In the winter of 1997 Carver Mead lectured on an unusual topic for a computer scientist: the nervous systems of animals, such as the humble fly. Mead, a researcher at the California Institute of Technology, described his earlier idea for an electronic problem-solving system inspired by nerve cells, a technique he had dubbed "neuromorphic" computing. A quarter-century later, researchers have designed a carbon-based neuromorphic computing device—essentially an organic robot brain—that can learn to navigate a maze.
A neuromorphic chip memorizes information similarly to the way an animal does. When a brain learns something new, a group of its neurons rearrange their connections so they can communicate more quickly and easily. As a common saying in neuroscience goes, "Neurons that fire together wire together." When a neuromorphic chip learns, it rewires its electric circuits to save the new behavior like a brain does to save a memory.
The idea of brainlike computation has been around for a while. But Paschalis Gkoupidenis of the Max Planck Institute for Polymer Research in Mainz, Germany, and his neuromorphic research team are pioneers in crafting this technology from organic materials. To build their chip, the researchers used long chains of carbon-based molecules called polymers, which are soft and, in some ways, behave similarly to living tissues. In order to let their material carry an electric charge like real neurons, which are energy-efficient and operate in a watery medium, the scientists coated the organic material with an ion-rich gel. This provided "more degrees of freedom to mimic biological processes," Gkoupidenis says.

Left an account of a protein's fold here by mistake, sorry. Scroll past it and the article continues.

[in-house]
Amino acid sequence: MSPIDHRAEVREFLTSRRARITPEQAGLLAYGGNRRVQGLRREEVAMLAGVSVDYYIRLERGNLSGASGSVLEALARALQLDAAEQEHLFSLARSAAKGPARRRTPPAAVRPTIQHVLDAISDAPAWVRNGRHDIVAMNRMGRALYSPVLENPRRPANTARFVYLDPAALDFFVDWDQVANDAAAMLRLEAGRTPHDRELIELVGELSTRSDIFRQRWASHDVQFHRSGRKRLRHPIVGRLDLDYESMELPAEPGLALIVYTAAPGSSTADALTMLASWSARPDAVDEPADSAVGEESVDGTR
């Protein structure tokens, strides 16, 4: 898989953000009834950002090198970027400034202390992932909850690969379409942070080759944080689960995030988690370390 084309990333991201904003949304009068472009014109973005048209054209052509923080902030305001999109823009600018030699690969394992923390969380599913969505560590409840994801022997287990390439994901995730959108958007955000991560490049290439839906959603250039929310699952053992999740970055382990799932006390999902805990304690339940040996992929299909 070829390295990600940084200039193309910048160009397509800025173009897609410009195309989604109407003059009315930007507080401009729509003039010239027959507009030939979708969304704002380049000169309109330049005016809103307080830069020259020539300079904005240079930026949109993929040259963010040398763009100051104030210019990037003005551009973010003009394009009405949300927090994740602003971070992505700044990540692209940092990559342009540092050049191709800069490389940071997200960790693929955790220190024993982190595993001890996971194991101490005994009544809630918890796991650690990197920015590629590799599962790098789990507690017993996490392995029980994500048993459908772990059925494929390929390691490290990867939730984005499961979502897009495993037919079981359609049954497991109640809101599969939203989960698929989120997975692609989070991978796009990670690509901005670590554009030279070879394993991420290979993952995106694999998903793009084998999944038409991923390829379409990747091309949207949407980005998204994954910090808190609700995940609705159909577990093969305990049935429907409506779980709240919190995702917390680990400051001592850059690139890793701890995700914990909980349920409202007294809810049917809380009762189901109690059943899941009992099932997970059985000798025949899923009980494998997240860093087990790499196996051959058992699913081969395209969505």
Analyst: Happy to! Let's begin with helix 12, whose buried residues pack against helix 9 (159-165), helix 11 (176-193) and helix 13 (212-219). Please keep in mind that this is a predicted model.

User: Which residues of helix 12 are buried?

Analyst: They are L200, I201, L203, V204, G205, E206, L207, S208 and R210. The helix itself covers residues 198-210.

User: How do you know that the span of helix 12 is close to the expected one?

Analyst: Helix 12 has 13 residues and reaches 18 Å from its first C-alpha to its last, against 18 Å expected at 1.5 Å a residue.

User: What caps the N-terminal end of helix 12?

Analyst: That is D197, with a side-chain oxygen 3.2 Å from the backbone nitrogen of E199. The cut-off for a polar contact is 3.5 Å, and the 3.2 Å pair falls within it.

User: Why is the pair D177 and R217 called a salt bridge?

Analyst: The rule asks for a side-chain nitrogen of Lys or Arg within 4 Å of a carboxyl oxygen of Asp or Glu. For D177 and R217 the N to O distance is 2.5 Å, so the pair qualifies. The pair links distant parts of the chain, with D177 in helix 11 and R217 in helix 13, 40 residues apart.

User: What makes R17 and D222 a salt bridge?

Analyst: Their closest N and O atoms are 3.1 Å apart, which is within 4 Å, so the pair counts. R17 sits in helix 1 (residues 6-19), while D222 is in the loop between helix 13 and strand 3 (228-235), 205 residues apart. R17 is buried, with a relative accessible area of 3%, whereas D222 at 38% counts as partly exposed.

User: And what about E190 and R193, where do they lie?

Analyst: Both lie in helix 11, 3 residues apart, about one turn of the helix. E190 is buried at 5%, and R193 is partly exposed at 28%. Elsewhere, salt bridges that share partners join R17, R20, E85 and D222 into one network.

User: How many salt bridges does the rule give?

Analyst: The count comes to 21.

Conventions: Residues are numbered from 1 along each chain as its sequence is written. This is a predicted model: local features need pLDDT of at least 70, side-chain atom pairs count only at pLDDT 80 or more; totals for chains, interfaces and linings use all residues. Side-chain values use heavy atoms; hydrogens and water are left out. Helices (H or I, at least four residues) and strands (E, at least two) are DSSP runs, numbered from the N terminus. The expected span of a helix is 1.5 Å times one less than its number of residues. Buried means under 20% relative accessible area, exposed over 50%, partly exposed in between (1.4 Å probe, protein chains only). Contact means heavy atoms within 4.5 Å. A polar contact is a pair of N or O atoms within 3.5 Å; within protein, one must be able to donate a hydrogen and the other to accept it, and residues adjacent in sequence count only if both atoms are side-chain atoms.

From Scientific American
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